This will be cross-posted later today to the Firedoglake blog.

Tags: , , , , Comments (26) | |


To the general public, all that matters are the headlines, reflecting the bottom line.  The universal consensus among reporters who attended the 90-minute Supreme Court argument yesterday on whether an 1867 law called the Anti-Injunction Act bars the Court from considering challenges to the constitutionality of ACA’s individual-mandate provision was that the justices will decide the constitutionality of the mandate provision despite the AIA.  

But law geeks like me know that what also matters is how they conclude that the court has “jurisdiction”—legal authority—to decide the constitutionality of the mandate provision. That’s because federal judges are incessantly, and often spontaneously, throwing lawsuits out court, claiming that they lack jurisdiction to hear the case—a trend begun in the 1980s and accelerated exponentially, explicitly and by malignant (as opposed to benign) neglect to reverse lower appellate court rulings, by the conservative legal movement to which a majority of the Roberts and Rehnquist courts adhere. 

A key part of the conservative-movement’s federal-courts-have no-jurisdiction-to-hear-any-constitutional-claims-except-the-ones-that-conservatives-want-them-to-hear jurisprudence is that federal-court jurisdiction either exists or it doesn’t, and if it doesn’t it can’t be waived by the parties.  So even if neither party claims a lack of federal jurisdiction, the judge, judges or justices in each case must raise the issue themselves if they believe jurisdiction may be lacking. Under the Constitution, Congress decides what types of cases the federal courts have jurisdiction to hear, by enacting “jurisdictional” statutes that either grant or remove federal-court jurisdiction in specific categories of cases, subject only to requirements or prohibitions in other parts of the Constitution.  (Actually, the Supreme Court has created several legal “doctrines” out of whole cloth that remove federal-court jurisdiction in various cases, but I’ll leave that for another day.)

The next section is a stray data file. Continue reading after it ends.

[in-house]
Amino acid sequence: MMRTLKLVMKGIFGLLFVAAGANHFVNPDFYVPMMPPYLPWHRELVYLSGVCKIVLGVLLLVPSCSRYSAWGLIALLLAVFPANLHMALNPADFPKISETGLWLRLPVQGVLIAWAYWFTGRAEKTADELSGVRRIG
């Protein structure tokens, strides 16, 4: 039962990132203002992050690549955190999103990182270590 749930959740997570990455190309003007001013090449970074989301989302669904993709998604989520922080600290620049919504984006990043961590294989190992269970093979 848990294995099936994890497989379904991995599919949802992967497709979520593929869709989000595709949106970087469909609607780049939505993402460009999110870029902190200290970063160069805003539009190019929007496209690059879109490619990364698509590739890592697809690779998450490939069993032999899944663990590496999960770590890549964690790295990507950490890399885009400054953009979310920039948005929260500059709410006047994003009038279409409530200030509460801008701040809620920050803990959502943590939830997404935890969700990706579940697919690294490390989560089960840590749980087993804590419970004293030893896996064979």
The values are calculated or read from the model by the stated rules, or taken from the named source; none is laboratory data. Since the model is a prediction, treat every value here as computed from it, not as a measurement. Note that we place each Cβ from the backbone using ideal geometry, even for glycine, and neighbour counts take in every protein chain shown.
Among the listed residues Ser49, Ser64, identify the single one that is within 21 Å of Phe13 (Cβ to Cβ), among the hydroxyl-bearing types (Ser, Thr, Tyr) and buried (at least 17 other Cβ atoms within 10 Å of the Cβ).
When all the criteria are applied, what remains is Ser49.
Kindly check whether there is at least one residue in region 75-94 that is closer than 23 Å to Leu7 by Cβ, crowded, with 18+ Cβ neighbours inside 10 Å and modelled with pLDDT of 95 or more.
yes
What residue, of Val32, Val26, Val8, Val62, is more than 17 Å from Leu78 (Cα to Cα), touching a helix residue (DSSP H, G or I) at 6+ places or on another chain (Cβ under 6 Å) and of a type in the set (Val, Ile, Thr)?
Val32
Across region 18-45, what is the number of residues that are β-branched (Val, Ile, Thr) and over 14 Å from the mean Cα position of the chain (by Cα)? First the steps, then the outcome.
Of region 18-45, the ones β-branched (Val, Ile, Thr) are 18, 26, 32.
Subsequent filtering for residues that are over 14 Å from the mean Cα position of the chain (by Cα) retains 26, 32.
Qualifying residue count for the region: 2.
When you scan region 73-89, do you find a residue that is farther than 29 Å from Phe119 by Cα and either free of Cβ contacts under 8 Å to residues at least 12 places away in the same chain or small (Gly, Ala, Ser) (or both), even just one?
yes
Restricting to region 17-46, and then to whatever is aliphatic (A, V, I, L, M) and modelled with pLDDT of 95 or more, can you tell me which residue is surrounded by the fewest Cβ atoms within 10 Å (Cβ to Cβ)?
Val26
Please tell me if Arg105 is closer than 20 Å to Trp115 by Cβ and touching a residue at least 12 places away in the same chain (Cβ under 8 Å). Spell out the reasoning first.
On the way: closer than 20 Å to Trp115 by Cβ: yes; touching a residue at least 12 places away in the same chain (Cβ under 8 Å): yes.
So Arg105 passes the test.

The AIA  provides that “no suit for the purpose of restraining the assessment or collection of any tax may be maintained in any court by any person.”  The ACA’s individual-mandate provision does not become effective until 2014 and the penalty for failure to obtain the minimum insurance will not be assed until April 2015, through income tax filings.  Early on in the ACA litigation, the Obama administration claimed that the ACA penalty was a tax and that the AIA therefore removes federal-court jurisdiction to hear the challenge to its constitutionality until 2015, but it soon retracted that claim and now argues that the penalty is, well, just a penalty, not a tax, and that therefore the AIA doesn’t remove federal-court jurisdiction to decide the constitutionality of the mandate and penalty for non-compliance with the mandate until 2015; the Court can decide the issue now.  

Three of the four lower federal appellate court panels that have issued rulings in ACA litigation, including the one in the case that the Court is hearing this week that ruled the mandate unconstitutional, agreed. The Supreme Court, in deciding to hear the AIA claim anyway, appointed a private lawyer to argue that the AIA does apply here, because the Justice Department joined the ACA’s challengers in saying that it doesn’t.

Everyone, certainly including me, assumed that the outcome of this “jurisdictional” issue—of whether or not the AIA barred the Court’s consideration of the challenges until 2015—would depend upon whether the Court thinks the penalty is a penalty or instead a tax.  And that may prove accurate.  But, stunningly (in my opinion), the Court, at the urging of Roberts, might instead say that it doesn’t matter whether the penalty is actually a tax, because the government has waived the jurisdictional claim. “It’s a case quite similar to this in which the constitutionality of the Social Security Act was at issue, and the government waived its right to insist upon the application of this [Anti-Injunction] Act,” Roberts said, referring to Helvering v. Davis, the 1937 case in which the Court upheld the Social Security Act.  “So,” Roberts asked, “are you asking us to overrule the Davis case?” 

Hmmm.  I thought they already had done that.

SCOTUSblog’s incomparable Lyle Denniston provides invaluablereportage and analysis of the different options that emerged from yesterday’s argument on how the Court will remove the AIA as a bar to deciding the constitutionality of the mandate provision. 


This will be cross-posted later today to the Firedoglake blog.

Tags: , , , , , Comments (5) | |